The statute does not, in express terms, any the right of appeal from judgments of conviction in the Court of First Instance in the class of cases referred to therein; but it is contended that it does so by implication, because the appeal of the Court of First Instance is allowed "as in other cases," and no appeal is allowed to the Supreme Court from the judgment entered by the Court of First Instance on appeals from the municipal court "in other cases" except in a few instances wherein special provision is made therefor. We are of opinion, however, that the provisions for the allowance of appeals to the Court of First Instance in this class of cases in like manner as appeals were theretofore allowed "in other cases," refers merely to the proceedings whereby the case may be transferred to and heard by the Court of First Instance; and was not intended to cut off the right of appeal to the Supreme Court which had theretofore been secured to convicts in this class of cases.
The maximum degree of penalties prescribed for the various offenses mentioned in the statute is in all cases more severe, and in some cases much more severe than those prescribed for offenses over which the municipal court had jurisdiction prior to the enactment of the statute. Prior to the enactment of the statute, the jurisdiction of the municipal court was limited to cases wherein a penalty of not more than six months' imprisonment or a fine of not exceeding one hundred dollars might be imposed. The penalties prescribed for the offenses over which jurisdiction is conferred by the statute may, in some cases, reach a maximum of twelve years of prision mayor.
We think that had it been the intention of the Commission to deprive accused persons of the right to a review by this court of criminal proceedings wherein they have been sentenced to imprisonment for long terms of years, such intention would have been set forth in plain and explicit terms, or disclosed by necessary implication from the language of the statute.
Black, sustaining the text with numerous citations of authority, says that: "A statute will not be construed as ousting or restricting the jurisdiction of the superior courts, or as vesting a new jurisdiction in them, unless there be express words or a necessary implication to that effect." (Black on Interpretation of Laws, sec. 55, p. 123.)
And the rule, also supported by numerous citations of authority, is laid down in substantially similar terms in Sutherland's Statutory Construction (2d ed., vol. II, sec. 568, p. 1051). Indeed the general rule as laid down by the courts is to the effect that jurisdiction cannot be created or taken away by implication, except where the implication is necessary from the language and purpose of the statute. (Keitler vs. State, 4 Greene [Iowa], 291; School Inspectors vs. People, 20 Ill., 526; Pringle vs. Carter, 1 Hill [S. C.], 53; Thompson vs. Cox, 8 Jones L. [N. C.], 311; Ryan vs. Commonwealth, 80 Va., 385; Beebe vs. Scheidt, 13 Ohio St., 406. See Caulfield vs. Stevens, 28 Cal., 118; Mechan vs. McKay, 37 Cal., 154.)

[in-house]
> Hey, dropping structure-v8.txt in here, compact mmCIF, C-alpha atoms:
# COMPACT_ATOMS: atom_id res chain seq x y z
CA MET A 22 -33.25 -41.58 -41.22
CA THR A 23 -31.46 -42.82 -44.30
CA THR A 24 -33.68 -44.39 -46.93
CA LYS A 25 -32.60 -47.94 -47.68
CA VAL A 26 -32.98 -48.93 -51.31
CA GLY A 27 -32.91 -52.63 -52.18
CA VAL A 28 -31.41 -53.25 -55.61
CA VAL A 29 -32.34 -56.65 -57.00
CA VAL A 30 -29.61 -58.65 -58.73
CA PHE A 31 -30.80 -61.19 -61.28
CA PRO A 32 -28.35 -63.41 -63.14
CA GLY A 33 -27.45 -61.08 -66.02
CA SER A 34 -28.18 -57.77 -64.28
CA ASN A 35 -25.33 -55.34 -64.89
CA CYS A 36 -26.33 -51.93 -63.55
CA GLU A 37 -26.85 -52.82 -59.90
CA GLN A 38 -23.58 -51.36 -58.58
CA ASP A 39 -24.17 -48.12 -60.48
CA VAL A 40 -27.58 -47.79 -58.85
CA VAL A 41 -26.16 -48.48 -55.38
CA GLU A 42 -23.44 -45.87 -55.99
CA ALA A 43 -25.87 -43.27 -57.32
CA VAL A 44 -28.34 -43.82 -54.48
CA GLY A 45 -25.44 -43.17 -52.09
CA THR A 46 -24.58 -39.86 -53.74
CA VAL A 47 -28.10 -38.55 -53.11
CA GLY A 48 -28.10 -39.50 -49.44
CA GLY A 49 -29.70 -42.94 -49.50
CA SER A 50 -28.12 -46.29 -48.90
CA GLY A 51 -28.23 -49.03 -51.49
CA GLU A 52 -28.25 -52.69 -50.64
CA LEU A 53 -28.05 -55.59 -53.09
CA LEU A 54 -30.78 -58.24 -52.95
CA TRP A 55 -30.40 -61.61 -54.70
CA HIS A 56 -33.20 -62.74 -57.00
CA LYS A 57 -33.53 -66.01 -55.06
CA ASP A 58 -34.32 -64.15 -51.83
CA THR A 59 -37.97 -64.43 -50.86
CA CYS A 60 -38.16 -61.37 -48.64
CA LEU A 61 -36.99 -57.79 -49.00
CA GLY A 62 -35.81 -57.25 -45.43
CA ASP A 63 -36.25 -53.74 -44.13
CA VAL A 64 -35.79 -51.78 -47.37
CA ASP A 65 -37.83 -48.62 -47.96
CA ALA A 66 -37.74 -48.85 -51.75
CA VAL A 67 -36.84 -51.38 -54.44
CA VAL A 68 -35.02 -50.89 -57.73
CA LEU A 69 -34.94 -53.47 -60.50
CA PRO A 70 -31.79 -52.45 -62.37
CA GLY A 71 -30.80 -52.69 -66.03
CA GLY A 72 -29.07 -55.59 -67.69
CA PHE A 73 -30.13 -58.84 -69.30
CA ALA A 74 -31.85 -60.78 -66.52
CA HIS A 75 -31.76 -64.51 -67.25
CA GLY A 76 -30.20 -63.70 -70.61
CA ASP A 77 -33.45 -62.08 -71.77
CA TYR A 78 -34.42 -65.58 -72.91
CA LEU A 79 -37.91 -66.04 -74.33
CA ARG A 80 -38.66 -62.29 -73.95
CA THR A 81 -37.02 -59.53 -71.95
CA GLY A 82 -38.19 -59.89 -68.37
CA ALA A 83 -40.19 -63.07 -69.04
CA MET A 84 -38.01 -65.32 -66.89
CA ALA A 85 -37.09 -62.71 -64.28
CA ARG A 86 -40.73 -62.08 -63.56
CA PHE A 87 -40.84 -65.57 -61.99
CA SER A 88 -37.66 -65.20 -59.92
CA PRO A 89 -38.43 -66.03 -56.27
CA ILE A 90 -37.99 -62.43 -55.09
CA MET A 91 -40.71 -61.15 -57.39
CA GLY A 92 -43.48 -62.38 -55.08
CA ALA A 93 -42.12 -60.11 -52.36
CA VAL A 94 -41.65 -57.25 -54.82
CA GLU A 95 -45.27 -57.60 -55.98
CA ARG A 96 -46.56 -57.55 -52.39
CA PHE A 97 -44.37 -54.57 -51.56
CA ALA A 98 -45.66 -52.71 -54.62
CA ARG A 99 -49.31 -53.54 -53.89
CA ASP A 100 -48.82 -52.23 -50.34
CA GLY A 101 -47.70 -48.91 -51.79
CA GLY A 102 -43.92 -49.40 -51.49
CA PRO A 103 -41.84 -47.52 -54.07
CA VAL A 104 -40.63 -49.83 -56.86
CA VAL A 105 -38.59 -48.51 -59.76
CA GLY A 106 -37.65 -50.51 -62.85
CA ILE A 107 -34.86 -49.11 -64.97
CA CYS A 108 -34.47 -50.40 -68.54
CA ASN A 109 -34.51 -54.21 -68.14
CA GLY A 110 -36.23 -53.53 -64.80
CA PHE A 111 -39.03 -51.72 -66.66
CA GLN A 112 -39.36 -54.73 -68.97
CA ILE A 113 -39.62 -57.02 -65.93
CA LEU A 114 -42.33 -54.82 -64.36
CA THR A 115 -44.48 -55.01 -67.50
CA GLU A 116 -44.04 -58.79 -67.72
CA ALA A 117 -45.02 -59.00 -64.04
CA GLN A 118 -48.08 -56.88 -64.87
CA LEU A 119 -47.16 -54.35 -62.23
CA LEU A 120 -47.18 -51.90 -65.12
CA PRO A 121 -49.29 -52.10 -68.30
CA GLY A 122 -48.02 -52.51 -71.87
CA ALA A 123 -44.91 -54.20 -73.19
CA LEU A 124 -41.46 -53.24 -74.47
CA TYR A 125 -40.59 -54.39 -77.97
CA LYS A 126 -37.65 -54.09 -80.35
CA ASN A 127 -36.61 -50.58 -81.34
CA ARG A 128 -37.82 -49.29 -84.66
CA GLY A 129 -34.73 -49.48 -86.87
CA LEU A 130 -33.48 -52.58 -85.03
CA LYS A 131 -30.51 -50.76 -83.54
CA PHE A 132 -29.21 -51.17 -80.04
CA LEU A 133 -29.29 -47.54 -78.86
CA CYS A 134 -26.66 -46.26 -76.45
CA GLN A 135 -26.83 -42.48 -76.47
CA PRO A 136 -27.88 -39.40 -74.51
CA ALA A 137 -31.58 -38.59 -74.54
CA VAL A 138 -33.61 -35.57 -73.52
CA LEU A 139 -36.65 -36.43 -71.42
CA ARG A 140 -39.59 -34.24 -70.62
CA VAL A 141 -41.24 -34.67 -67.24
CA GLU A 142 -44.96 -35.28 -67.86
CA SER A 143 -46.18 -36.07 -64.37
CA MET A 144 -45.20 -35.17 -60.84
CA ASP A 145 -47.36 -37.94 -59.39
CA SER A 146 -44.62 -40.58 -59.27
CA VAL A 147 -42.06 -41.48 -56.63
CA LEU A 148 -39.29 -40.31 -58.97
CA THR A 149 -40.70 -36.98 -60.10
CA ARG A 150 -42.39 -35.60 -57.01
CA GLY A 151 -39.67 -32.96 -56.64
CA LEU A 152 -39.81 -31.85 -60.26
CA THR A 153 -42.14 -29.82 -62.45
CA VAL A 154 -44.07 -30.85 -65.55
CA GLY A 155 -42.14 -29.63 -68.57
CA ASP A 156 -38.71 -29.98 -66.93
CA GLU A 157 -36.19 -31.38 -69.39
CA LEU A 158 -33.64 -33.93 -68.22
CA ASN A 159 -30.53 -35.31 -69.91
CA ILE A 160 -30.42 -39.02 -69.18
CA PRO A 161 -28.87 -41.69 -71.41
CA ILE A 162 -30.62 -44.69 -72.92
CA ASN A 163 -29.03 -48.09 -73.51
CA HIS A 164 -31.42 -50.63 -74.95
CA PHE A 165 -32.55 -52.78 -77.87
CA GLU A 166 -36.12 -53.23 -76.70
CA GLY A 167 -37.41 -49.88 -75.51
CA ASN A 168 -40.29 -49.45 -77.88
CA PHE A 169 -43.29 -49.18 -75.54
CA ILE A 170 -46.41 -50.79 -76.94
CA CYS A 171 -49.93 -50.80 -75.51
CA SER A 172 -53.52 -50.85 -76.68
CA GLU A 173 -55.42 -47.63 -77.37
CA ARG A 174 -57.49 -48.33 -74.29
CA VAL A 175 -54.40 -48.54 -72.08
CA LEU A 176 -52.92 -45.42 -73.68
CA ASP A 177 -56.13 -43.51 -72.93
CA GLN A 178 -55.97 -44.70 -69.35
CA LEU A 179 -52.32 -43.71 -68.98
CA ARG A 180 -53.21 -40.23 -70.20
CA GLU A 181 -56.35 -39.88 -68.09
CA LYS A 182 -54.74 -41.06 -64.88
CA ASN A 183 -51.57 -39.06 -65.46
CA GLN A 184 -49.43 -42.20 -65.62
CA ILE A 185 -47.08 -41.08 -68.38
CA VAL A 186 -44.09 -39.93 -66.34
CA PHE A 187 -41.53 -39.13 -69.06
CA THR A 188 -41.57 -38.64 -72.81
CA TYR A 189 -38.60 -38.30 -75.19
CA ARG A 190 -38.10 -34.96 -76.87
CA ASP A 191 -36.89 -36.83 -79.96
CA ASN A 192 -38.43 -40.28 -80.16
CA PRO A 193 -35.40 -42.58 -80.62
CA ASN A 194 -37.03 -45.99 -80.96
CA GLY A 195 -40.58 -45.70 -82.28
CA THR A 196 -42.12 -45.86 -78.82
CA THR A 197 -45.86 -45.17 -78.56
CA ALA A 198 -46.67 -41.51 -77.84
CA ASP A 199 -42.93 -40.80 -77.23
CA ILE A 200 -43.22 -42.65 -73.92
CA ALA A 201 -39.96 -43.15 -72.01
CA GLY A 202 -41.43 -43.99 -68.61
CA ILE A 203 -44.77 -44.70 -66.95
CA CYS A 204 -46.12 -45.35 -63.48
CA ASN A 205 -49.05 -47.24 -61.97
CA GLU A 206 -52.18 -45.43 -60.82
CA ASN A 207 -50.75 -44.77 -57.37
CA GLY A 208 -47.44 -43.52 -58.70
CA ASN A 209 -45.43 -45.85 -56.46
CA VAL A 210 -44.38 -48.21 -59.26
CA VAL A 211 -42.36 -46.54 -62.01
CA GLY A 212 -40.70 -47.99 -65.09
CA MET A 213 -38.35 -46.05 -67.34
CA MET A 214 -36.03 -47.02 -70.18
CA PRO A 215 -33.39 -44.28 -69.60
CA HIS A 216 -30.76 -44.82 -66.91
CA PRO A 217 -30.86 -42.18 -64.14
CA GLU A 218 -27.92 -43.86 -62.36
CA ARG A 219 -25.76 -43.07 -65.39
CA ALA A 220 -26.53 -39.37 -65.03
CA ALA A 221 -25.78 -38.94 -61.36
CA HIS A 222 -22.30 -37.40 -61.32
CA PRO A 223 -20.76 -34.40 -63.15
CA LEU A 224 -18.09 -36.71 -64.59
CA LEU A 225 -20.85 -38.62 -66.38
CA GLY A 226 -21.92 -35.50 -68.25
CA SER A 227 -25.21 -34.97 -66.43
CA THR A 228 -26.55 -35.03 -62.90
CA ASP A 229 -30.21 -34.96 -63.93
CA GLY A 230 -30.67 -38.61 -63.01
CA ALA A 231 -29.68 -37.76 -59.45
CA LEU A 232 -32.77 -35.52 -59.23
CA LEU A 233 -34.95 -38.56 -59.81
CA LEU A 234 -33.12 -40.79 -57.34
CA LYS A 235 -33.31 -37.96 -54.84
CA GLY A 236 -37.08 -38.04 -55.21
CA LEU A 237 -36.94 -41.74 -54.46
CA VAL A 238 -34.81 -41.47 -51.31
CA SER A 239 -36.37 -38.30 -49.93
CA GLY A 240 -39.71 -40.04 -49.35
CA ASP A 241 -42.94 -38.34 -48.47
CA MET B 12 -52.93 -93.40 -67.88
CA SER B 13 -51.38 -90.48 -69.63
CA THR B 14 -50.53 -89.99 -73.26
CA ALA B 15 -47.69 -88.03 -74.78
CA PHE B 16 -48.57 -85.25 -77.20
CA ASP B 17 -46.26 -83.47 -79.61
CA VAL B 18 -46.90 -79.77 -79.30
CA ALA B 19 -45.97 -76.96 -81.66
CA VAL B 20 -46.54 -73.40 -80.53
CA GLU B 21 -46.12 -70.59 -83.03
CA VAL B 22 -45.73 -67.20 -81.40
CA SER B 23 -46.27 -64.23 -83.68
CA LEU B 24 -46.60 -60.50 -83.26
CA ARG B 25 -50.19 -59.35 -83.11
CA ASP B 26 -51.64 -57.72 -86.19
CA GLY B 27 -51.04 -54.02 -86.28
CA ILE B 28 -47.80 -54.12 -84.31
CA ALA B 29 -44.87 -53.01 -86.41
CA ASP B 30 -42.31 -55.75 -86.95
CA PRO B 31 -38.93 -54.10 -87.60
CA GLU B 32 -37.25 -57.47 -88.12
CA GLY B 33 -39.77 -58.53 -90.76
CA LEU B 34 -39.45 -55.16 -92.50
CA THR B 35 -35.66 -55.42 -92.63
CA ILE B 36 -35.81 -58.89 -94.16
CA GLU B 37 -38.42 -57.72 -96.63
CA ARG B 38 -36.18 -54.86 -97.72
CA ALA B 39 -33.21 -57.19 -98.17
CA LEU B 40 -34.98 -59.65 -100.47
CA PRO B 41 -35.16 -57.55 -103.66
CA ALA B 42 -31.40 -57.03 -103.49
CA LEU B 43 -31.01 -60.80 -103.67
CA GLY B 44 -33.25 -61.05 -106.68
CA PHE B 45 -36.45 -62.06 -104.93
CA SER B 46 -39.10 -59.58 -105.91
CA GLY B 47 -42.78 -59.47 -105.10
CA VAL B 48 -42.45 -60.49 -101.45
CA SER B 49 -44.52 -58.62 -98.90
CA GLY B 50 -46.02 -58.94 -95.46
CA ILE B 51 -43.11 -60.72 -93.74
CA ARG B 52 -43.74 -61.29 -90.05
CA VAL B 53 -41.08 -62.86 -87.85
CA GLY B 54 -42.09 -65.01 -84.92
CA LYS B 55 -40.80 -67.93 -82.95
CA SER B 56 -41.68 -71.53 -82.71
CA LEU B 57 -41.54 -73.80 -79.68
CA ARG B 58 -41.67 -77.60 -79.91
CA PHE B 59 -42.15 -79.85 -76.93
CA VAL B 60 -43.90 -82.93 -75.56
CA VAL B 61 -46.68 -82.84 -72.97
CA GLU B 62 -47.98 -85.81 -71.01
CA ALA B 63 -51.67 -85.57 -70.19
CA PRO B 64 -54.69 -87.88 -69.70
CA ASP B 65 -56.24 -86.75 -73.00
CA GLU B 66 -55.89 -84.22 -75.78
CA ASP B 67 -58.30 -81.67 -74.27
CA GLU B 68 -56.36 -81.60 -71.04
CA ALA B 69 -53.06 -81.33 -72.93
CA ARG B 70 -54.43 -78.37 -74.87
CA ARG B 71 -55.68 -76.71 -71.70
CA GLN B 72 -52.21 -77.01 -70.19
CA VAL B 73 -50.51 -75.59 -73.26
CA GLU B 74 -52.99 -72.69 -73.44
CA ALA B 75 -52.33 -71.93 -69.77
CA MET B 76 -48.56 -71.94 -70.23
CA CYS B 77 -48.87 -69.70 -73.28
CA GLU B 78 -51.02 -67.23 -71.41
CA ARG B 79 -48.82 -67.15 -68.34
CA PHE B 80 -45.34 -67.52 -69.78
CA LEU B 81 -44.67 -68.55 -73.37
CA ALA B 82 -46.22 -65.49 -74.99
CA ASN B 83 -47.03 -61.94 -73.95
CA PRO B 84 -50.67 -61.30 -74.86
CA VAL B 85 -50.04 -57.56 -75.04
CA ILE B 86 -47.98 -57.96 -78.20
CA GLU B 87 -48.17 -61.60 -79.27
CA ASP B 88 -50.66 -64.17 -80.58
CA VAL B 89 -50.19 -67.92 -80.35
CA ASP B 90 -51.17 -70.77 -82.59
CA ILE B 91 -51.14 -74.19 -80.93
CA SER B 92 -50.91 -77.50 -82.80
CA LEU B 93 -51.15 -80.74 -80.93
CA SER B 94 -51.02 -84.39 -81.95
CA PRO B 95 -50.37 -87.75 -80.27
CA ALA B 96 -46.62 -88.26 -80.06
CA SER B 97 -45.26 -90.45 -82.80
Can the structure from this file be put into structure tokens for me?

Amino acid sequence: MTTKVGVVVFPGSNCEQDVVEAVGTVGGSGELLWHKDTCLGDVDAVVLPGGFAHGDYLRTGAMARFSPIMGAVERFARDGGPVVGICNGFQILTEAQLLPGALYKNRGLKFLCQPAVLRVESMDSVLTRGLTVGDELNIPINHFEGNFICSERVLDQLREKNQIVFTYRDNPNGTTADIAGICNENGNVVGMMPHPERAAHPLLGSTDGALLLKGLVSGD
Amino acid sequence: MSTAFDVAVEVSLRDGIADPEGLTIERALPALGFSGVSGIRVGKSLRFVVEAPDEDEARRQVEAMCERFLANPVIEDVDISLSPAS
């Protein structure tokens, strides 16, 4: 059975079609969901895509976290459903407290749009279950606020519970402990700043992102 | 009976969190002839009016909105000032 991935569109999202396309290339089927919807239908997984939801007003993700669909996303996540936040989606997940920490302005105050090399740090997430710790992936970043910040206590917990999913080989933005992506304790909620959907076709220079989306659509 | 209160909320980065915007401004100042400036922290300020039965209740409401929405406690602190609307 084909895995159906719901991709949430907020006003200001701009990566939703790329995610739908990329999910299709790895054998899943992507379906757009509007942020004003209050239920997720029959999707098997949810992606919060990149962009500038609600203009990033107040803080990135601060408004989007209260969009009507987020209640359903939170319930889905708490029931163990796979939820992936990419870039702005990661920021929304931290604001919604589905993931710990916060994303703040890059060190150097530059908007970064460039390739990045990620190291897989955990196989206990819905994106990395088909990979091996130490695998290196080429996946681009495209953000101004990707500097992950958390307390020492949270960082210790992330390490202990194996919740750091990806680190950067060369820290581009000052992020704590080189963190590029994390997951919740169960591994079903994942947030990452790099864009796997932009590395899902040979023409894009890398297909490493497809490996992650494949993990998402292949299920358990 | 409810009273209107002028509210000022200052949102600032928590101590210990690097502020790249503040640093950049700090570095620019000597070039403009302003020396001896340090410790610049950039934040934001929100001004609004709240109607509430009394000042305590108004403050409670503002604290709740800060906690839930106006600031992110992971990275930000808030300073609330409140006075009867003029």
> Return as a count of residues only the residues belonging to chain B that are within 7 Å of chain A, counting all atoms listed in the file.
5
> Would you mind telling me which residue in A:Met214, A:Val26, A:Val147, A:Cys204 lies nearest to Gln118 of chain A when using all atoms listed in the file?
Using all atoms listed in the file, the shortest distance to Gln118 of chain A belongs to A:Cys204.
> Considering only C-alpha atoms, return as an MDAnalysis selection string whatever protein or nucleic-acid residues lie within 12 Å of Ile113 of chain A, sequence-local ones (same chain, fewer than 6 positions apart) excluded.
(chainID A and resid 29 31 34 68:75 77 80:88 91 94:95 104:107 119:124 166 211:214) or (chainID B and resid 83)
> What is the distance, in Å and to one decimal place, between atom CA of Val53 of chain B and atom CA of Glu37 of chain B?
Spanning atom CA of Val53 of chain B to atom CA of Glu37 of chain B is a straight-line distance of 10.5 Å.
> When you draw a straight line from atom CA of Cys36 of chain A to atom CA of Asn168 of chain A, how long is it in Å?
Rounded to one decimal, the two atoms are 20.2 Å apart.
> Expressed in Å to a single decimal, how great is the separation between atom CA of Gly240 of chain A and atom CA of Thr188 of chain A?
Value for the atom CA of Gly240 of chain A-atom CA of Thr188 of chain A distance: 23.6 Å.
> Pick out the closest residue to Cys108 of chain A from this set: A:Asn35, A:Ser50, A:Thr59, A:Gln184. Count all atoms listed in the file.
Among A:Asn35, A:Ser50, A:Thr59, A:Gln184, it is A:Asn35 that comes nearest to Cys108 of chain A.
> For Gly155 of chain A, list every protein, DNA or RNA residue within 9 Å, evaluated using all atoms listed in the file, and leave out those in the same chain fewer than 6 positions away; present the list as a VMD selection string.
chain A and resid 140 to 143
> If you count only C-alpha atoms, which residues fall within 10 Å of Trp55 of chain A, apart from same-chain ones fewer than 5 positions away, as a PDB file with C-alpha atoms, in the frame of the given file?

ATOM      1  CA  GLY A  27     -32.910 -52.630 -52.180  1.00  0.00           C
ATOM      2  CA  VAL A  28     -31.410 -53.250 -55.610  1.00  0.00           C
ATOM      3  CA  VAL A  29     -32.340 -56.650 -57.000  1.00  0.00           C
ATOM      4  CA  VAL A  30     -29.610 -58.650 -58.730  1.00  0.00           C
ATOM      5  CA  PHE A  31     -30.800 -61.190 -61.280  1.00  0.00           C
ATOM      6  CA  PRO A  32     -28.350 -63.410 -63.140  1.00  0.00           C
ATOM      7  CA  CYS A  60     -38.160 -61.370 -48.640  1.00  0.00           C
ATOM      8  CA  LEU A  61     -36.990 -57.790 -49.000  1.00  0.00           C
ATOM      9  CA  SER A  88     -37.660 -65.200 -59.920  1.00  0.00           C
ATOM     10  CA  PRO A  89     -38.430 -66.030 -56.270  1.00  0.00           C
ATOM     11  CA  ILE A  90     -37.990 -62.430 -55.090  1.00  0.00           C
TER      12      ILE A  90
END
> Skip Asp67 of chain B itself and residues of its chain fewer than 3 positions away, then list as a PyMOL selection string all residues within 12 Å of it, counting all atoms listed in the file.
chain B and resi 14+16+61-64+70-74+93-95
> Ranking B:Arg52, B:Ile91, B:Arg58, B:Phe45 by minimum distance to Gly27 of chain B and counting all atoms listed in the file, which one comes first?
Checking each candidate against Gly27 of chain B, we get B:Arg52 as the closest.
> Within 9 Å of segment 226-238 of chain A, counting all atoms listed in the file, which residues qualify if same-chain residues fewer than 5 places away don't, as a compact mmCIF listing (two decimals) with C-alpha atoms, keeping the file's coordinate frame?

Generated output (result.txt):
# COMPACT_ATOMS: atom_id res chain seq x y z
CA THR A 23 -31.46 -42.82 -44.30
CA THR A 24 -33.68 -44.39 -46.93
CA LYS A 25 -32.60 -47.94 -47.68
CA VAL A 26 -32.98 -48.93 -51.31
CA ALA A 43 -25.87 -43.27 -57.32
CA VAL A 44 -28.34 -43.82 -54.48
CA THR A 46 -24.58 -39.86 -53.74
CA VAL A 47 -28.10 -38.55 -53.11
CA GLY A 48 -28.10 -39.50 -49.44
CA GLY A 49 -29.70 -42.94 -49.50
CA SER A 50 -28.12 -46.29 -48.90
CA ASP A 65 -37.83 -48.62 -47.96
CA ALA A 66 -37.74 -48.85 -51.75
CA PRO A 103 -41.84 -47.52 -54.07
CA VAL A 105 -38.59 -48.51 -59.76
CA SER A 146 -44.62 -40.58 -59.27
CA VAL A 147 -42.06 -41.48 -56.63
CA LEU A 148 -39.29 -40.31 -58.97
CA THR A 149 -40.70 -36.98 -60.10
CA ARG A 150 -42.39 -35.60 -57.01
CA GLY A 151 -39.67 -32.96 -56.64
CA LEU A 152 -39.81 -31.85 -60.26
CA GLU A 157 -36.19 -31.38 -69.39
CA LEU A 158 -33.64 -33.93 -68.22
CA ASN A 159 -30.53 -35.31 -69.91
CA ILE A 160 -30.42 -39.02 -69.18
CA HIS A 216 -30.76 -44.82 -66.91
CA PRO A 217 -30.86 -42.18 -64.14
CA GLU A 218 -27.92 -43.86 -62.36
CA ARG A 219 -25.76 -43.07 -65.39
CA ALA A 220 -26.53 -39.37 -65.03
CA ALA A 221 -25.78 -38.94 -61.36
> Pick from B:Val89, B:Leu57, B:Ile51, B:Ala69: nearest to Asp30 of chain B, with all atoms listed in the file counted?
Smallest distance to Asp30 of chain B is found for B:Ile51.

The contention that the statute cuts off the right of appeal to this court rests wholly upon doubtful inference based on a strained construction of its terms and cannot therefore be maintained.
In the case of the United States vs. Trinidad (7 Phil. Rep., 325), relied upon by the Attorney-General, the court, as clearly appears from the decision, did not have in mind appeals from judgments of conviction in the exceptional cases now under consideration, and the general propositions therein announced are not applicable thereto.
It appears that the trial judge, being of opinion that no appeal would lie from his judgment in the case at bar, did not require the taking of stenographic notes of the testimony. As a result, it is impossible for us on this appeal to review the evidence submitted in the court below, and a new trial must be granted the accused.
Ten days hereafter let judgment be entered reversing the judgment convicting and sentencing the appellant, and directing the Court of First Instance to grant a new trial, and ten days thereafter let the record be returned to that court, with the costs of this instance de officio. So ordered.
Torres, Trent and Araullo, JJ., concur.
Moreland, J., concurs in the result.